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Port Arthur Mayor Thurman Bartie calls for reduction in gun violence

Mayor Thurman Bartie on Friday addressed the public from City Hall to address gun violence.

Dressed in orange as it is synonymous with gun safety as it is the color hunters wear for visibility, Bartie proclaimed June 4 as National Gun Violence Awareness Day in Port Arthur.

“We renew our commitment to reduce gun violence and pledge to do all we can to keep firearms out of the wrong hands, and encourage responsible gun ownership to help keep our children safe,” he said, reading from the proclamation.

The mayor addressed two fatal shootings that have occurred in Port Arthur this year, saying to his knowledge both are under investigation.

“But this is what we need, if you have any information about those two homicides, please come forward,” Bartie said. “You know what you can do if  you don’t want to talk to the police, holler at me. I’m your real mayor. I’ll keep your name out of it.”

The city’s first homicide of 2021 occurred May 7, with the second following 20 days later.

The first homicide of 2020 was in January.

Bartie acknowledged that the timeline statistically points to a decline in gun-related deaths, but he hopes the short time between them doesn’t indicate an upcoming trend.

The mayor pleaded to residents to be responsible gun owners.

“If you get into an (altercation) with an individual, please don’t think the only way to solve it is to shoot them,” he said. “Because if I shoot you, they catch me, I’m gone, you’re gone. We lose two lives — one is buried, one is incarcerated.”

Responsible gun ownership is also addressed by keeping firearms in a secure place where children cannot access them, and locking vehicles if a gun is left inside.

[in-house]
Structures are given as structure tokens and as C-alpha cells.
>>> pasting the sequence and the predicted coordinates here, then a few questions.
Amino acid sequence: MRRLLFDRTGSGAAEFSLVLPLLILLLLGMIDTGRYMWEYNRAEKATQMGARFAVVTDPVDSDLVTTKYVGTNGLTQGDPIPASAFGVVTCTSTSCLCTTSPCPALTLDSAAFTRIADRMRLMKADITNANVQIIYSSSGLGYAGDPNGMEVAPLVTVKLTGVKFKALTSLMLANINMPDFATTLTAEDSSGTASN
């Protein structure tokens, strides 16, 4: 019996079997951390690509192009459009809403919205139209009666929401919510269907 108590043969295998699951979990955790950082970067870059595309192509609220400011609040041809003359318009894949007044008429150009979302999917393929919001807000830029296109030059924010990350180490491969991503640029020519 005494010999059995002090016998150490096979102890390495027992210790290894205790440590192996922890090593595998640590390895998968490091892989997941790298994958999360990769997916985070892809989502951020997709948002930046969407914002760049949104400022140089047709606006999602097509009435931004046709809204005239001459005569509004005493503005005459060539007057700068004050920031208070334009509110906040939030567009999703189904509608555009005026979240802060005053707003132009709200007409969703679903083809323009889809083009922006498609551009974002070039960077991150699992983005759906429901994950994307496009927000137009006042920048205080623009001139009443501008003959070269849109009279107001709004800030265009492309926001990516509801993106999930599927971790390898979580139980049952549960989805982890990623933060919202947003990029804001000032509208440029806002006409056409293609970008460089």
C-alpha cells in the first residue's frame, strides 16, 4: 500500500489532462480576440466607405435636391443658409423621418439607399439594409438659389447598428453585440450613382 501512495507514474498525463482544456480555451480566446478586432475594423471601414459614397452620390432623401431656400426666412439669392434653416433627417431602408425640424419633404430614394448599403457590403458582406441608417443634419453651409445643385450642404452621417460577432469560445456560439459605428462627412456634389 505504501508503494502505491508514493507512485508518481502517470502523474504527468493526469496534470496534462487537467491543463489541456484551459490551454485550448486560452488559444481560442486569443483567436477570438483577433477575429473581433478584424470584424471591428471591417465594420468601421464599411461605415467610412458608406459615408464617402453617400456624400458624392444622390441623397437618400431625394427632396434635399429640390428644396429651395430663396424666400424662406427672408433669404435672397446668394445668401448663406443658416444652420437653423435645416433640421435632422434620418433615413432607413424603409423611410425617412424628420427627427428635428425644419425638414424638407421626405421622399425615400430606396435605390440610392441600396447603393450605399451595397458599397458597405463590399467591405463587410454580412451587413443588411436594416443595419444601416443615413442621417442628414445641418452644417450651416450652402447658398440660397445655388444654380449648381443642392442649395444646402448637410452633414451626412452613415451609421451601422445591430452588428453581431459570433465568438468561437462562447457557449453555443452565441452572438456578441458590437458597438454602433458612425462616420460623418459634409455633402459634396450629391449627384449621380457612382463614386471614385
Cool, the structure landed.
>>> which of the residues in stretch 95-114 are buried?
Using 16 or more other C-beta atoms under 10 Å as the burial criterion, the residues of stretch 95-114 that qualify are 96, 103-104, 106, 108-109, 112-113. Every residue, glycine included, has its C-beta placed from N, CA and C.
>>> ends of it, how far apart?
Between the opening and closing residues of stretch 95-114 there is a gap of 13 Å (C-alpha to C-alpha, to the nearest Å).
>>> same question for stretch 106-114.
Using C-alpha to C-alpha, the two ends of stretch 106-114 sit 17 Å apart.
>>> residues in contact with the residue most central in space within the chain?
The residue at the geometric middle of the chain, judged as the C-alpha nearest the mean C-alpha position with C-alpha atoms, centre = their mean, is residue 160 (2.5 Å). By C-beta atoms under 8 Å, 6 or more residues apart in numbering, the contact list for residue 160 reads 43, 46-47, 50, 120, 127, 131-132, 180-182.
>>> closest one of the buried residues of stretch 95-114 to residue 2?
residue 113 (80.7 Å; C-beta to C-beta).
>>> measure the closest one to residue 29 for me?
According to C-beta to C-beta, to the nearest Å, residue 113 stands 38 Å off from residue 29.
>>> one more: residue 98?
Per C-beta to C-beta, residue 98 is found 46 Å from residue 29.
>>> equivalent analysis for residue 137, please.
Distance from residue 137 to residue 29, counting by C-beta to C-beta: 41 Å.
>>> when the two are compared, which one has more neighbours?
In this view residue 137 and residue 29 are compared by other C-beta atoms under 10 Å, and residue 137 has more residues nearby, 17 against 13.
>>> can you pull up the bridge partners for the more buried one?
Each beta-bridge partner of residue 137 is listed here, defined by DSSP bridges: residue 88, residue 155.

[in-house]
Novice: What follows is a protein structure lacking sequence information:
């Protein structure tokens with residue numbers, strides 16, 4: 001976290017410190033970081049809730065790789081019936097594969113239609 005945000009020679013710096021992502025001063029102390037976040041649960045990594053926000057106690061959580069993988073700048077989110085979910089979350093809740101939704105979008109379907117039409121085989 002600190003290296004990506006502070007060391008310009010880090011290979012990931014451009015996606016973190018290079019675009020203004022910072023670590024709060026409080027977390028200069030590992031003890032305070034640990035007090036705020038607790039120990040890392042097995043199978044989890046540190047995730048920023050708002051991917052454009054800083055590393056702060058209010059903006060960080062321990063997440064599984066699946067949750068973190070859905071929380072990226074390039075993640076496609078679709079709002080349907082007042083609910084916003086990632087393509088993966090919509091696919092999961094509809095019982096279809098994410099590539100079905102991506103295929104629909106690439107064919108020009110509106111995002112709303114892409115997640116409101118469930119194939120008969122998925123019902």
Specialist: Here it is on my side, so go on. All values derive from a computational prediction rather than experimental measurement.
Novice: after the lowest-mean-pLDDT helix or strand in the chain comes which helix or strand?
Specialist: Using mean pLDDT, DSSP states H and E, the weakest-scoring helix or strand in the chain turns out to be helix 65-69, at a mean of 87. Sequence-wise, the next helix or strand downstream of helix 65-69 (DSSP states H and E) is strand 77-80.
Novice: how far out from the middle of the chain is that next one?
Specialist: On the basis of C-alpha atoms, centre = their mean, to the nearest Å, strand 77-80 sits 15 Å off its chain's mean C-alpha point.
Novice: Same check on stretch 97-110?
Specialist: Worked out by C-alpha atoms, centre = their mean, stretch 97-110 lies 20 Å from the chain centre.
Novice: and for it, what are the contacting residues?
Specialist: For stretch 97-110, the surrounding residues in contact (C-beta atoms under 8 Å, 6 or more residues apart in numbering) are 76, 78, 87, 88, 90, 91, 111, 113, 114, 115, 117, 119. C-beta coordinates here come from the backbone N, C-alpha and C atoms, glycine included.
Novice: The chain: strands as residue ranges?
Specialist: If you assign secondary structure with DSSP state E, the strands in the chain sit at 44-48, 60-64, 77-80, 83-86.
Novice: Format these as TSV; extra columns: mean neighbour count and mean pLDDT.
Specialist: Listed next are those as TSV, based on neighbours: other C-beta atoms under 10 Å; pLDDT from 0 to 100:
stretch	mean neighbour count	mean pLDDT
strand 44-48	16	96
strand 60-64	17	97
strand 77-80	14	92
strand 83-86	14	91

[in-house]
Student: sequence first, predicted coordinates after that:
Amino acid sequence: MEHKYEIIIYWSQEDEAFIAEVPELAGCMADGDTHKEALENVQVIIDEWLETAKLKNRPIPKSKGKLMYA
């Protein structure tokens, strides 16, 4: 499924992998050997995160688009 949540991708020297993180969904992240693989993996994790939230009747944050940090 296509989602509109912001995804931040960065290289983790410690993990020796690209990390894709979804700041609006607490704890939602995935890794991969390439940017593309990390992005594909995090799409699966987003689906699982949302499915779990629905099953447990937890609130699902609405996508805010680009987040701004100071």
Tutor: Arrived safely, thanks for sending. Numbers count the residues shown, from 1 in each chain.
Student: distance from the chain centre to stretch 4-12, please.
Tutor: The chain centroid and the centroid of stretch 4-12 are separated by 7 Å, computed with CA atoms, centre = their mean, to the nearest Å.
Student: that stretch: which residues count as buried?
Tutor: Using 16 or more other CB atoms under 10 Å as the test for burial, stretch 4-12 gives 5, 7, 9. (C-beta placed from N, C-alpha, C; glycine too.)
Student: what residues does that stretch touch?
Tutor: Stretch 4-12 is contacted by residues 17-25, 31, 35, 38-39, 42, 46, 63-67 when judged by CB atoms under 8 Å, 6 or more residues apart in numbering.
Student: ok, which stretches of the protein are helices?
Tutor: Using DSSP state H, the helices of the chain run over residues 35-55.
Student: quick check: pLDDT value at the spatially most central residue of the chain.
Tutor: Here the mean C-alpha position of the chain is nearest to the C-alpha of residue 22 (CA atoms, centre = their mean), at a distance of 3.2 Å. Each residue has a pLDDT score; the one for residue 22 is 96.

“First of all, if you have a firearm in the car, you should be responsible enough to know you need to lock the car every time you get out of it,” he said.

Vaccine efforts

Bartie, surrounded by the Port Arthur Health Department’s mobile strike team members, also spoke on National Month of Action by asking residents to get COVID vaccines.

“The challenge here in Port Arthur and around this nation is to reach 70 percent of all citizens (vaccinated) by the 4th of July,” he said. “Our county, Jefferson, has a fully vaccinated rate of 32 percent, which leads me to theorize our city’s rate is similar.”

Bartie called for all residents to get the shot.

“If you ask me personally am I pleased? No. Because we’re at 32 percent or 34 percent or 35 percent — no, I’m not pleased with that because that means that a lot of folks I’m around have (COVID),” he said.

Health Director Judith Smith said the largest amount of local vaccine hesitancy has been in the 20-30 age group.

“They are coming in,” she said, “but even as they come in, they are letting us know that they have waited. They’re a little bit more hesitant.”

Still Smith said the department knows vaccines are helping with the pandemic as the number of reported cases has declined.

“I think we’re on the right path,” she said. “Where back in early March, April and most of 2020 we were reporting a number of cases daily, we are now reporting about 17 a week.”

The mobile strike team, which started bringing vaccines to bed-bound individuals in Mid and South counties last week, has vaccinated 21 patients to date.